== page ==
The Armament Inspectorate announced that 15 entities have submitted their requests to be included in the technical dialogue, related to acquisition of unmanned search and strike systems for the Polish Armed Forces.
As we were informed by Col. Sławomir Lewandowski, Chief Specialist at the Armament Inspectorate of the Polish Ministry of Defence, 15 entities have submitted their requests to be included in the technical dialogue, related to acquisition of unmanned search and strike systems for the Polish Armed Forces. Polish private and state entities, research institutes, as well as foreign companies are all included within the aforesaid group. The dialogue involves both the domestic drone or drone-based systems manufacturers (WB Electronics, Air Force Institute of Technology – ITWL, Optimum, BELMA), as well as companies who deal with armament, or even representatives of the foreign entities.
As it was noted by Col. Lewandowski, the entities that have submitted their dialogue-related requests, include: WB Electronics S.A., with a seat in Ożarów Mazowiecki, Warsaw’s Institute of Aviation, STUNNER Consulting Lucjan Mucha company based in Warsaw (representing the RAFAEL company), Haifa-based Elbit Systems Ltd. (Israel), Warsaw-based Yagal Sp. z o.o. company, Polish Armaments Group (Polska Grupa Zbrojeniowa S.A.) based in Warsaw, Bydgoszcz-based Military Aviation Works No. 2 (WZL nr 2), Warsaw based Siltec Sp. z o.o. company, Rome-based Leonardo S.A. company, Air Force Institute of Technology based in Warsaw, MBDA Missile Systems from Paris, OPTIMUM – Tymiński i s-ka, spółka jawna, based in Warsaw, BELMA S.A. company with a seat in the town of Białe Błota, Poland-U.S. Operations sp. z o.o, Warszawa company, Warsaw-based Asseco Poland, and Israel Aerospace Industries based in Tel Aviv.
The technical dialogue procedure paves the way for the Polish Army, towards acquisition of loitering munition systems. The said systems are to be used to strike targets at “medium ranges”, with the use of a “specialized, integrated warhead system”. The UAVs have been hence treated as medium range PGMs, capable of autonomously detecting and destroying time-sensitive-targets (TSTs).
The aforesaid definition refers to the targets, as NATO standards foresee, which would require immediate reaction due to their value or threat they may pose for the allied forces. We are referring both to the artillery units, dangerous weapons, or camouflaged enemy positions, as well as key supply or command components of the adversary.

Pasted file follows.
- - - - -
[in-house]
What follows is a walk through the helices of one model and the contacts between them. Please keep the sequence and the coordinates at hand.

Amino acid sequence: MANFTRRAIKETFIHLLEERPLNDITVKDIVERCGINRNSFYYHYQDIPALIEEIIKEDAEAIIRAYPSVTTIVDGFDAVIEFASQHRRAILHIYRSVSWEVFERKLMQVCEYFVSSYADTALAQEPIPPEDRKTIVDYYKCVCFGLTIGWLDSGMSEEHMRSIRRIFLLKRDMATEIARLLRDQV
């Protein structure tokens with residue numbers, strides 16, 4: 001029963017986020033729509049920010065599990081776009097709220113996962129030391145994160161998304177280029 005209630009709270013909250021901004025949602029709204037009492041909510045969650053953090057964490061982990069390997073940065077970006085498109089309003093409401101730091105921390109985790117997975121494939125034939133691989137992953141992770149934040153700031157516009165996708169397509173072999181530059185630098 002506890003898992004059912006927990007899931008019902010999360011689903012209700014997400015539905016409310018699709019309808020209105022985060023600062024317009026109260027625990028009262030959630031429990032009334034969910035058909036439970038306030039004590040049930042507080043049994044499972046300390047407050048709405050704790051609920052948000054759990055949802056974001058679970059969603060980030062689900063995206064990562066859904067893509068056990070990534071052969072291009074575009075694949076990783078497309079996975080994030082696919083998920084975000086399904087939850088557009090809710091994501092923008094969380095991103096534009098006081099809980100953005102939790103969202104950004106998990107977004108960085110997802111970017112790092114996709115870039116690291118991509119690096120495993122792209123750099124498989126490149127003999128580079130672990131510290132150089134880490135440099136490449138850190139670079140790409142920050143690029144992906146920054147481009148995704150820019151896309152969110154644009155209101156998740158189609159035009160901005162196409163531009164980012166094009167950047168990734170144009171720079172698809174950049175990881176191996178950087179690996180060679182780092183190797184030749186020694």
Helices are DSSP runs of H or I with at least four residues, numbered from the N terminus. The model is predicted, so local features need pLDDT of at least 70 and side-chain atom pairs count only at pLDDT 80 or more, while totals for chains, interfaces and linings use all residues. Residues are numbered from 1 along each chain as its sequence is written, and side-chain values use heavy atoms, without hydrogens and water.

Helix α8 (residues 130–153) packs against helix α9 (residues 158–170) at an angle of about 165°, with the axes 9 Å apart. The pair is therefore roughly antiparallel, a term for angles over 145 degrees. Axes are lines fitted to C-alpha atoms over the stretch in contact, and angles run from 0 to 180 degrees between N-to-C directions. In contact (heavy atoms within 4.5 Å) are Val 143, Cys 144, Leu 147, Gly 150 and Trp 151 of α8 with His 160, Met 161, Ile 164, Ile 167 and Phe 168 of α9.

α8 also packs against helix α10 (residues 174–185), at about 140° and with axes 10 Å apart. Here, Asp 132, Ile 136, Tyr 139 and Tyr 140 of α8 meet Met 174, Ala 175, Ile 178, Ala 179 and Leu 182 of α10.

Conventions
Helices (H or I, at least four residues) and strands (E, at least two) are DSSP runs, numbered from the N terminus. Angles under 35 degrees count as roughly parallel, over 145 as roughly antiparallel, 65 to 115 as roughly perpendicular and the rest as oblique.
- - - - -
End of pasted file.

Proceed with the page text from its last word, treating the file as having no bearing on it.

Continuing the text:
Polish Defence Industry has developed several solutions belonging to the class of light strike UAVs, including ones belonging to the class of loitering munitions. DragonFly strike quadcopter developed by the Military Institute of Armament Technology, fitted with GO-1 fragmentation or GK-1 shaped-charge warheads, is a good example of a system of this type. The said UAV is to be introduced into production through collaboration between the Military Institute of Armament Technology and Military Aviation Works No. 2 (WZL nr 2) facility belonging to the Polish Armaments Group, with the Belma S.A. company being the party which is to be contracted with delivery of proper warheads. The contractual agreements regarding the implementation-related cooperation have been signed last year already.
WB Electronics Warmate UAV is yet another example of a system belonging to this class of UAVs. It may be operated both as a reconnaissance platform, as well as in a role of a strike system (as a loitering munition-grade platform), whereas the said UAV platform also makes use of the GO-1 and GK-1 warheads, similarly to the DragonFly solution. WB Electronics Group has concluded, as for now, at least two export contracts concerning the Warmate UAV. The said systems were being presented during the IDEX 2017 expo in the UAE, moreover, Ukraine has expressed its interest in manufacturing the UAV in question.
Optimum company, on the other hand, during the MSPO 2016 event, has been demonstrating the Pszczoła (Bee) reconnaissance and strike system, destined to be used as a support weapon at the platoon level, including UCAVs and reconnaissance UAVs, including the ones utilizing the EFP warheads (Explosively Formed Penetrator). Meanwhile, the Air Force Institute of Technology has presented its multi-role NeoX UAV which, besides carrying out the reconnaissance sorties (also in civil applications) may also be used to attack targets with the use of a shaped charge.
Among the foreign systems, one may list the Israeli Harop UCAVs which have seen operational use during the conflict in the Nagorno-Karabakh Republic, or US made AeroVironment Switchblade systems. One should note that market for such equipment also faces a prospect of dynamic growth, and this entails a context within which numerous similar systems of this class are being developed at the moment.